Reflection through mirror planesEdit

 
Reflection operation

The reflection operation is carried out with respect to symmetry elements known as planes of symmetry or mirror planes.[2] Each such plane is denoted as σ (sigma). Its orientation relative to the principal axis of the molecule is indicated by a subscript. The plane must pass through the molecule and cannot be completely outside it.

If the plane of symmetry contains the principal axis of the molecule (i.e., the molecular z-axis), it is designated as a vertical mirror plane, which is indicated by a subscript "v" (σv).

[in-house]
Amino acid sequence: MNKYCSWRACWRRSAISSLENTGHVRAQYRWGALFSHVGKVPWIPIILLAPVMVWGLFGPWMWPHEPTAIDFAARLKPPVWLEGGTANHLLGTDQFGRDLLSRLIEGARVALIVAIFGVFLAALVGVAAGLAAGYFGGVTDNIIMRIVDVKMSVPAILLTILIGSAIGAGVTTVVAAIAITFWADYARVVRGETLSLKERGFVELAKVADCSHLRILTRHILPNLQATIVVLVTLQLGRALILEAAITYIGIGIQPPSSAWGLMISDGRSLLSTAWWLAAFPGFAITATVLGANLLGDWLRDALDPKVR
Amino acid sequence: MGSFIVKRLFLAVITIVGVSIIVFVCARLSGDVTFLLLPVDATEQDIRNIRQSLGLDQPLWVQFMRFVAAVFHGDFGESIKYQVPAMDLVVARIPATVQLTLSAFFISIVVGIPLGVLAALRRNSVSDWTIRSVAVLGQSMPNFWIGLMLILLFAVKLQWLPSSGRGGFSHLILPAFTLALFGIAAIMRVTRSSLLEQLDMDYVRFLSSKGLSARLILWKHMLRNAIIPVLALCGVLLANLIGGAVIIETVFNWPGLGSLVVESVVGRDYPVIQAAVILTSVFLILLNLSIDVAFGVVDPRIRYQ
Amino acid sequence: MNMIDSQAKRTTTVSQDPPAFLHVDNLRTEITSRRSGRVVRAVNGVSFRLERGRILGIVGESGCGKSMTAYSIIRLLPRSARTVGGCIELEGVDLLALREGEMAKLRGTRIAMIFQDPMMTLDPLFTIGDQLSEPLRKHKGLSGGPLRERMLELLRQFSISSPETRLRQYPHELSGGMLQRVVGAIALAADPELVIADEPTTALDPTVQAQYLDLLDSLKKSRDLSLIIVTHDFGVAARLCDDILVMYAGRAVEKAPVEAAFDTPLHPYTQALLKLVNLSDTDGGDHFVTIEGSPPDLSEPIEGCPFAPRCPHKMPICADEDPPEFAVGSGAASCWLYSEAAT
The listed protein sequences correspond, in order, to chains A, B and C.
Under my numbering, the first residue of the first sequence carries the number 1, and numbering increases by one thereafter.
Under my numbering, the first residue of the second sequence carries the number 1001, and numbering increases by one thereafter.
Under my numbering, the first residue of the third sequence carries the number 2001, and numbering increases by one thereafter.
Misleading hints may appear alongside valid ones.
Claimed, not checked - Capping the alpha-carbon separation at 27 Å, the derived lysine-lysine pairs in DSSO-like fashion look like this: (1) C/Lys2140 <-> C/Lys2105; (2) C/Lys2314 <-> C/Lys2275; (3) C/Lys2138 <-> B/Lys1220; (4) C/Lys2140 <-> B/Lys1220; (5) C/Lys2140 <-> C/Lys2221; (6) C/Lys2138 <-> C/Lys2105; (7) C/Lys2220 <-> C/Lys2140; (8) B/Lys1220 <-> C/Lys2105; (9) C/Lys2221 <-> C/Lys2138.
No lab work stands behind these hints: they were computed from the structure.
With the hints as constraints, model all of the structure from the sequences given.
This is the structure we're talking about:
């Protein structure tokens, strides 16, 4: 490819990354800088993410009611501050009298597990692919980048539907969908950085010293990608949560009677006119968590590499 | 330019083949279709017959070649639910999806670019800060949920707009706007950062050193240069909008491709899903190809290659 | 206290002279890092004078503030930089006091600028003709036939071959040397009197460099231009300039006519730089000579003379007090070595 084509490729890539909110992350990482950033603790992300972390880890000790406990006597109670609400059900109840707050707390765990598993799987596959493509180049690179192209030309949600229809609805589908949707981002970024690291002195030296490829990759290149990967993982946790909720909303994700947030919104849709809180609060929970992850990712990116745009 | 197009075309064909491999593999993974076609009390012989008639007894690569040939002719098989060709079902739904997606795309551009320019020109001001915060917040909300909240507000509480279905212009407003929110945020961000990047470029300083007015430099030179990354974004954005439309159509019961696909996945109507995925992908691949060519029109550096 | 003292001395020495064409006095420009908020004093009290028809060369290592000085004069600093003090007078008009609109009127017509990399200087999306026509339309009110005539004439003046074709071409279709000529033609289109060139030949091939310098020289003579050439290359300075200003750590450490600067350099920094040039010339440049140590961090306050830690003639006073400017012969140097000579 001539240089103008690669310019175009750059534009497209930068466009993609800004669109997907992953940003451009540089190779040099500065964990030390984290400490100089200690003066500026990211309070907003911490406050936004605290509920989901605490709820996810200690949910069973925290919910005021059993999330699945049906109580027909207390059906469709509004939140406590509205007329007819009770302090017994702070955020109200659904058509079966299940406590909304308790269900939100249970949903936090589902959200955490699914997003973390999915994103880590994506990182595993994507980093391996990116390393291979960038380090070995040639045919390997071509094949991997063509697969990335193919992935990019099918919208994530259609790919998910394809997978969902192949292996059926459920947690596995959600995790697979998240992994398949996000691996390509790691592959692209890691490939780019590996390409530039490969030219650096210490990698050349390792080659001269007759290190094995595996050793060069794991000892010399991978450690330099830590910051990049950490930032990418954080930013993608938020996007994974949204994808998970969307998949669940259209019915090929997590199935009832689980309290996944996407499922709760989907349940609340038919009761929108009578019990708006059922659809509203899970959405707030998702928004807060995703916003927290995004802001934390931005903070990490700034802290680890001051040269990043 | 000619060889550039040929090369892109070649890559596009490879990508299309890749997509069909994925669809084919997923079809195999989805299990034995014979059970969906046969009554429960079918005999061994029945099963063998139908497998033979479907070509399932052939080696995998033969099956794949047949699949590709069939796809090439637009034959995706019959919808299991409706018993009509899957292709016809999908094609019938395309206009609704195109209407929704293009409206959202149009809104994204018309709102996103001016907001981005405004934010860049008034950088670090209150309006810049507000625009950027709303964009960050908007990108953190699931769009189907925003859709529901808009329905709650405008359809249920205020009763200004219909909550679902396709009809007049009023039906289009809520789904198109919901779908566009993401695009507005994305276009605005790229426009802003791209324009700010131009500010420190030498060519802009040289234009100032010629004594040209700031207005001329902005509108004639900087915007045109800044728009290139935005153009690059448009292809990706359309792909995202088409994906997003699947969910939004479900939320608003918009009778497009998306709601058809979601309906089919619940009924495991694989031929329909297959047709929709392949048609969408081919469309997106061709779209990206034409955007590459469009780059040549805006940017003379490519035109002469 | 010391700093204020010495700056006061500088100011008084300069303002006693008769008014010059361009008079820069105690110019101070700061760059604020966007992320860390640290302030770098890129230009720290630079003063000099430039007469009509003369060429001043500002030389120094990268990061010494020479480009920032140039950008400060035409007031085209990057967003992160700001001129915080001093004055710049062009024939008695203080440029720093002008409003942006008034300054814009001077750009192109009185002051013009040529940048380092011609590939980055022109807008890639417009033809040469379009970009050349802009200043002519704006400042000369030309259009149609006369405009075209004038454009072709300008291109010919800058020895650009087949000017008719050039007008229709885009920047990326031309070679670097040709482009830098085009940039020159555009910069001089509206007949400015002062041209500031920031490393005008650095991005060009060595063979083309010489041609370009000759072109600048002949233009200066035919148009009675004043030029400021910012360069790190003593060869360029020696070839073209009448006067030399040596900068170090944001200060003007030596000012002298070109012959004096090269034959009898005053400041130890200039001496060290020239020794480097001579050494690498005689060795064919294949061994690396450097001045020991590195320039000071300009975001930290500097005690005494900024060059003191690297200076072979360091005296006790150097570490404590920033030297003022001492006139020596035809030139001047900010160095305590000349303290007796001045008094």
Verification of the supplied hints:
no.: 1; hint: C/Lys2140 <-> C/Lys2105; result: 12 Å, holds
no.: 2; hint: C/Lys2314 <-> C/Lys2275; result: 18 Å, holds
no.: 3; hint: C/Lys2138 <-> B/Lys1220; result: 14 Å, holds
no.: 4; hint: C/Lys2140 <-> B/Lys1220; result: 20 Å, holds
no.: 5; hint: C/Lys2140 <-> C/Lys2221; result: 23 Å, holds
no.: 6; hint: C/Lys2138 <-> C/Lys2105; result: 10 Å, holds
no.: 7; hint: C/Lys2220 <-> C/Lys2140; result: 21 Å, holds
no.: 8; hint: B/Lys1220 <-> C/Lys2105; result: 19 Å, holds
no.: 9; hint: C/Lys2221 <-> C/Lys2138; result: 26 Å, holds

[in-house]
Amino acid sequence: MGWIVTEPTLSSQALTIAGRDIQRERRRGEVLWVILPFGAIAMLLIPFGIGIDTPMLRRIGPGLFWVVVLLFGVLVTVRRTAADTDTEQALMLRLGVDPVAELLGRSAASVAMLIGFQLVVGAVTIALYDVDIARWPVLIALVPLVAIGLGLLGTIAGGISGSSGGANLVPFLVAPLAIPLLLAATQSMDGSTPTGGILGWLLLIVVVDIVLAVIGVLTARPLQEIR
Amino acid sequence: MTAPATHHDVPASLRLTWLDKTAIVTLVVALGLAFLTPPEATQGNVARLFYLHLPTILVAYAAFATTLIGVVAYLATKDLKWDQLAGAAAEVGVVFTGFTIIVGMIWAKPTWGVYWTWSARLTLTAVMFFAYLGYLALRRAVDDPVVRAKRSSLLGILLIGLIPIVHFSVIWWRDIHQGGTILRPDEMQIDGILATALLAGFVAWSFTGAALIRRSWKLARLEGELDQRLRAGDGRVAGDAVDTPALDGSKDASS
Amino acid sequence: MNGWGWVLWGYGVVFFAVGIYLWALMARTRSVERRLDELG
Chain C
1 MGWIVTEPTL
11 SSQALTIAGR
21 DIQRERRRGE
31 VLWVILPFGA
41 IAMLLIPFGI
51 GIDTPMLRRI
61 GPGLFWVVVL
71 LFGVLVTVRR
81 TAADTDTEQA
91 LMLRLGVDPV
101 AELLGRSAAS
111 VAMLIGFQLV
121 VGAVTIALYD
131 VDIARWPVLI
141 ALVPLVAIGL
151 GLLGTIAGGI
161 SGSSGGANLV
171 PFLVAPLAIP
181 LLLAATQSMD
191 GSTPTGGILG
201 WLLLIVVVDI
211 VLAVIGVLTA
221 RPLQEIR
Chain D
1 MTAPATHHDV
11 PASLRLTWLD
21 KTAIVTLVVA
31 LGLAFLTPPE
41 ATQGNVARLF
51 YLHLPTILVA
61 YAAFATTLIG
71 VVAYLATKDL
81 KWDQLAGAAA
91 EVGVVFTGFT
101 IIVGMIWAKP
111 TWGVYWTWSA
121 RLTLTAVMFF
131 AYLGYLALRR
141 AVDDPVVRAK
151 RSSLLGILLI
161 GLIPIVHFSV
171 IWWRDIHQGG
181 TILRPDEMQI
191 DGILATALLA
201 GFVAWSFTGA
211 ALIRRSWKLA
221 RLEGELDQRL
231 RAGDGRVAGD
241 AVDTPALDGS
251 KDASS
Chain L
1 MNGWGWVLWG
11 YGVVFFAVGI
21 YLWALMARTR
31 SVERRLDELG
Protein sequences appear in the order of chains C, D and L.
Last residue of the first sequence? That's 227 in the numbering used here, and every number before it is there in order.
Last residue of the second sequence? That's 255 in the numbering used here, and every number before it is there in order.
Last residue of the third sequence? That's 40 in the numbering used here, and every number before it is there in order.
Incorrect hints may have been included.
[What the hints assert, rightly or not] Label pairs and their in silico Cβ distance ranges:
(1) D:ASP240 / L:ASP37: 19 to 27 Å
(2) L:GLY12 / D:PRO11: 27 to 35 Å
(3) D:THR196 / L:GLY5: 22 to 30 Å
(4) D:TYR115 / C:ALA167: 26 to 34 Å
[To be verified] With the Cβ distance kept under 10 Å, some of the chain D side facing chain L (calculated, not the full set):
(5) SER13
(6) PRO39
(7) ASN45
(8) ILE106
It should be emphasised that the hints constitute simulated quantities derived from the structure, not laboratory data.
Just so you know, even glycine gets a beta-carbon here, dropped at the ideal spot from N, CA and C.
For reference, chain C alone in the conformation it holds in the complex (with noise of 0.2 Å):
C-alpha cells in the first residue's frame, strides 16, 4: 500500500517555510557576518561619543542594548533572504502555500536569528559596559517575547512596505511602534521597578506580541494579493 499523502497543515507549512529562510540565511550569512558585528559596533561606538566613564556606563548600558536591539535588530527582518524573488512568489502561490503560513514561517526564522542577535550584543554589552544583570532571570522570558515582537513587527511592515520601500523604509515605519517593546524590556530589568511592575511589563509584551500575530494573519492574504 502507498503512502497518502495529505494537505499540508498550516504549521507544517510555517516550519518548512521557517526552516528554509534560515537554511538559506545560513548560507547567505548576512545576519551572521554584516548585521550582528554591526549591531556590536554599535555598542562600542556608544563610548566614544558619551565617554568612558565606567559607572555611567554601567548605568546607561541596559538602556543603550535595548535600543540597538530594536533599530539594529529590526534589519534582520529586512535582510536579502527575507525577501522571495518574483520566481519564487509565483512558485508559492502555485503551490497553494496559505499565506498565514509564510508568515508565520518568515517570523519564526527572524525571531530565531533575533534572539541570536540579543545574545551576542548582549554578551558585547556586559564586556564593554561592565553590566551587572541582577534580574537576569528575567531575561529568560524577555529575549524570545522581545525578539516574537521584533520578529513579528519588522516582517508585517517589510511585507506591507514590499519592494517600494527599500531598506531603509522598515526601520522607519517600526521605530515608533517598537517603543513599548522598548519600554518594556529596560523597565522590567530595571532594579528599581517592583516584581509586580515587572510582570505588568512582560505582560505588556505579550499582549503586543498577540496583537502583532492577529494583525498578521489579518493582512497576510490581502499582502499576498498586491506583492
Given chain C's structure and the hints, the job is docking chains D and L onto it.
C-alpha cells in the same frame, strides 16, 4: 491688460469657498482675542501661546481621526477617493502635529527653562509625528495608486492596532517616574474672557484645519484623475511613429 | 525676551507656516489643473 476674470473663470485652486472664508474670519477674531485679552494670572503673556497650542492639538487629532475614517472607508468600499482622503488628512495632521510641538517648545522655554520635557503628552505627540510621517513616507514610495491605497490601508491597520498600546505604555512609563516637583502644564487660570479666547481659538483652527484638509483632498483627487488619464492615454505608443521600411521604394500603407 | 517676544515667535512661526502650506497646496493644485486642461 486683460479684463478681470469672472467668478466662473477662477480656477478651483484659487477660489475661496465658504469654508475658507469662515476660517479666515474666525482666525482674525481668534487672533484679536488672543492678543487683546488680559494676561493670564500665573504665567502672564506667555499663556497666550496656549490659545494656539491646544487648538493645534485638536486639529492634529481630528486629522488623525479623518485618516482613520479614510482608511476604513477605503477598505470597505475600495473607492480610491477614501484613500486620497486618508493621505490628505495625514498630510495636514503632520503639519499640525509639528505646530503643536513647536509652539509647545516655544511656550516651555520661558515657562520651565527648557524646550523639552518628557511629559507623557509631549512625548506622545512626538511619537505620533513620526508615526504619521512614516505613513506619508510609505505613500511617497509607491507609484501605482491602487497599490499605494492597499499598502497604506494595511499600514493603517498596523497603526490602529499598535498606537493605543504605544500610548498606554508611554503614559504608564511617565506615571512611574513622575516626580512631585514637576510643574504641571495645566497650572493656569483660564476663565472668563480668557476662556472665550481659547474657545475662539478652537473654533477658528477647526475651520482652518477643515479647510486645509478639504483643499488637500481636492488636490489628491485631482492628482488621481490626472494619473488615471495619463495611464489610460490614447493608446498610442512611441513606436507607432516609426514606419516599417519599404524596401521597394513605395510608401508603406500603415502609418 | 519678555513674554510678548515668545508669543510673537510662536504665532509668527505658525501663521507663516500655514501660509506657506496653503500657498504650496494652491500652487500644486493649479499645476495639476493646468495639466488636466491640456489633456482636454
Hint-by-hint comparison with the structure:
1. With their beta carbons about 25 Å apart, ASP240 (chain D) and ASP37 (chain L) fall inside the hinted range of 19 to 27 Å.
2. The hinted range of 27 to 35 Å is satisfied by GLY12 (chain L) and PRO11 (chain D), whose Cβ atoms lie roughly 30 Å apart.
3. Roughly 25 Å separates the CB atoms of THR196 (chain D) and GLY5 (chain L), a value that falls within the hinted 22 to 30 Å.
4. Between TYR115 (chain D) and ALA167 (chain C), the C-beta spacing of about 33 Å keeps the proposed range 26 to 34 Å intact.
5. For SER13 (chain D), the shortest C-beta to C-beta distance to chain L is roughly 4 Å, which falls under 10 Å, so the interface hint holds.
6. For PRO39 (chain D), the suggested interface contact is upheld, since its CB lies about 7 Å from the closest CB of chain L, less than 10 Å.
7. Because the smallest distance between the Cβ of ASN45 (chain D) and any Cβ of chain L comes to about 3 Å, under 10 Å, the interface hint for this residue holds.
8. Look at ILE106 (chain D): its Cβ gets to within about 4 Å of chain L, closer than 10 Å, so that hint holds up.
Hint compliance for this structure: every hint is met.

If the plane of symmetry is perpendicular to the principal axis, it is designated as a horizontal mirror plane, which is indicated by a subscript "h" (σh).

If the plane of symmetry bisects the angle between two 2-fold axes perpendicular to the principal axis, it is designated as a dihedral mirror plane, which is indicated by a subscript "d" (σd).

Through the reflection of each mirror plane, the molecule must be able to produce an identical image of itself.

Inversion operationEdit

 
Inversion operation is shown here with Sulphur hexafluoride molecule. All of the Fluorine atoms change their position to opposite side with respect to Sulphur center